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JOHANNESBURG, June 4 (Reuters) - South African lender FirstRand said on Thursday its full-year profits were likely to be more than 20% lower than in 2019 due to falling revenues and a spike in bad debts, pushing its shares down almost 2.5%
FirstRand, which runs South Africa’s largest retail bank, is the latest of the country’s four big lenders to warn on profits as the coronavirus outbreak takes it toll on an already shrinking economy.
The bank expects its headline earnings per share - the main profit measure in South Africa - for the year to June 30 to be more than a fifth lower than the 497.2 cents it reported last year.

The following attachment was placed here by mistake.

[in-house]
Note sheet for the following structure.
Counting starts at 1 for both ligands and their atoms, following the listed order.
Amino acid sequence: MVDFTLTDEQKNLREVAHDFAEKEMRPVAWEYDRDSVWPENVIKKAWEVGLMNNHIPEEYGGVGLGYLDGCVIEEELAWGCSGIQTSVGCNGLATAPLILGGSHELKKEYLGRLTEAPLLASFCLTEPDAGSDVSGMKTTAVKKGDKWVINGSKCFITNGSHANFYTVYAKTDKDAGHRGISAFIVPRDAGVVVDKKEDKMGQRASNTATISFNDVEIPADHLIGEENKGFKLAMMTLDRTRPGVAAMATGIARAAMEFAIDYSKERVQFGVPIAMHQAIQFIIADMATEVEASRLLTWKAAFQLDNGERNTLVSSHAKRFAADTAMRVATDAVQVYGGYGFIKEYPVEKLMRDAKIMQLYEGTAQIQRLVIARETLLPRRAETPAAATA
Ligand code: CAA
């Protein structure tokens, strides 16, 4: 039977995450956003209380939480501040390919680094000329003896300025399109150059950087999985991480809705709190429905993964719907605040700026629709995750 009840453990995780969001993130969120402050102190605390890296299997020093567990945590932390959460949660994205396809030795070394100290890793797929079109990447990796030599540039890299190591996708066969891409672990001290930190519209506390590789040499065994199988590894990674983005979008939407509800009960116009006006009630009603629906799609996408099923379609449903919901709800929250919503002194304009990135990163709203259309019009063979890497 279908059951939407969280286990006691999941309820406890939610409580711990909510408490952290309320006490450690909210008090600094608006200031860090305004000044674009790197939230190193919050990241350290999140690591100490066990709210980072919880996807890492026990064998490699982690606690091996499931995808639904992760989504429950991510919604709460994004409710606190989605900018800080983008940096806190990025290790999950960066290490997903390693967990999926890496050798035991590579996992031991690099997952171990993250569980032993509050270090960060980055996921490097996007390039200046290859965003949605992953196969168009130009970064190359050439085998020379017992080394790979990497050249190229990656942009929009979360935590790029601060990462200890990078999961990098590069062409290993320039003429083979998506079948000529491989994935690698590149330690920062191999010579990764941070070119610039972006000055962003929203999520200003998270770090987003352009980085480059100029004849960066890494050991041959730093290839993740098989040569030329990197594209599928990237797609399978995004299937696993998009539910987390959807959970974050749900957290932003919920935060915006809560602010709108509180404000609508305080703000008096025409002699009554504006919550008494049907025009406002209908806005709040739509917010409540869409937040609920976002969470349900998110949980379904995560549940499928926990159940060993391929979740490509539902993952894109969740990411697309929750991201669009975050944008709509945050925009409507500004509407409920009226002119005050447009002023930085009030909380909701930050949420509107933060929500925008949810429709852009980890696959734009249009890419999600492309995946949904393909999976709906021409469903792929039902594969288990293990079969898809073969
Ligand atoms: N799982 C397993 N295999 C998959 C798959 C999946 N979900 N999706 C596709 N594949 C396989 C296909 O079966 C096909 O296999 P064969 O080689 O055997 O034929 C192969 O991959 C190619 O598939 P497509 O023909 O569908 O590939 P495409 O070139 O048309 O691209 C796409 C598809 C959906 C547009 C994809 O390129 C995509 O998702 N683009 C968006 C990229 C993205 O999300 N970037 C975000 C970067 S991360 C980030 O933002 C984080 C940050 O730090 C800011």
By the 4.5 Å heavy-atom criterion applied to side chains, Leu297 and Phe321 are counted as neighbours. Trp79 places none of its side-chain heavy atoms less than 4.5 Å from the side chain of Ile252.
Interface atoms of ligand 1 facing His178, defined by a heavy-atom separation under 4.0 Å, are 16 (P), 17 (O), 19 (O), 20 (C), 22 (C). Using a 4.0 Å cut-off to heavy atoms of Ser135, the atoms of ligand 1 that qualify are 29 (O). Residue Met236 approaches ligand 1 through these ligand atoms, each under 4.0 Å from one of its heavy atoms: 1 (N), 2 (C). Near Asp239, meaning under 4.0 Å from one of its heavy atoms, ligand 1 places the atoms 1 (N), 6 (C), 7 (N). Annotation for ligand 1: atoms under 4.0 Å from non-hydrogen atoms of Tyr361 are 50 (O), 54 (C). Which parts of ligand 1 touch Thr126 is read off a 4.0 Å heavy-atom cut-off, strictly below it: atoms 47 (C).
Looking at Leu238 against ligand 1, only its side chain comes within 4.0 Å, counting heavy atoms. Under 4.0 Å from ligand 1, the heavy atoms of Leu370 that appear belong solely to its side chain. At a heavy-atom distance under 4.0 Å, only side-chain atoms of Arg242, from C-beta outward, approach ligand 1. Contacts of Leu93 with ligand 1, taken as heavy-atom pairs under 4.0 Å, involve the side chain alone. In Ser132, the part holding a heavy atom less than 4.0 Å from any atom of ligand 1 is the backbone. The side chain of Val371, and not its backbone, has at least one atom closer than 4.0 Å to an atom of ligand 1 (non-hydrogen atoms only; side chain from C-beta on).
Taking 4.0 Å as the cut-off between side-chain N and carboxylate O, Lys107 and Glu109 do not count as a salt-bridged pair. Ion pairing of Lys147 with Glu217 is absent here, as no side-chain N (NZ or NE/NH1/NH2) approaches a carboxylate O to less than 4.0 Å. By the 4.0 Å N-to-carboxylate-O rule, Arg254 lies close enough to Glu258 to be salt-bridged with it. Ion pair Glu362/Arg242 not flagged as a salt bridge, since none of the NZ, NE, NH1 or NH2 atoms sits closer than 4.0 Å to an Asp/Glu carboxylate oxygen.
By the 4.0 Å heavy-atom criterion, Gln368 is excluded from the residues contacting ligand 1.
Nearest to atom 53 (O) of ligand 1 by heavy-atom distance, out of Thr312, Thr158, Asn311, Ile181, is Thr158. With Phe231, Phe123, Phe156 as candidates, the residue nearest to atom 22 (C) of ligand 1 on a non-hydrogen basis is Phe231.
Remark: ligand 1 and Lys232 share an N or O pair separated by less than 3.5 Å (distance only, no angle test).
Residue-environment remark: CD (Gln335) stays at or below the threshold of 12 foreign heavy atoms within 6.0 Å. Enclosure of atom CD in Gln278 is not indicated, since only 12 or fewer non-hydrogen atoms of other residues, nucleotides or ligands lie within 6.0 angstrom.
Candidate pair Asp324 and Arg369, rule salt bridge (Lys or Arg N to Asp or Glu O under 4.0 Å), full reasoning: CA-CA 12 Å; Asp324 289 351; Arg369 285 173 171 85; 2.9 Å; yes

“The main driver of this slowdown in earnings growth is the materially higher credit impairment charge for the period,” the bank said.
It said it does not have a full view of the performance of its lending books for May and June, but had estimated the stress its customers were likely to face for the next 12-18 months.
This had been incorporated into its expected credit losses now, resulting in “a material increase in provisioning”.
Other factors contributing to the decline in earnings include the impact of a series of interest rate cuts in South Africa and lower fee income during a lockdown to stem the spread of the virus.
The bank said it is well capitalised and both its capital and liquidity ratios were expected to remain well above regulatory minimums.
Reporting by Emma Rumney Editing by Alexander Winning, Kirsten Donovan
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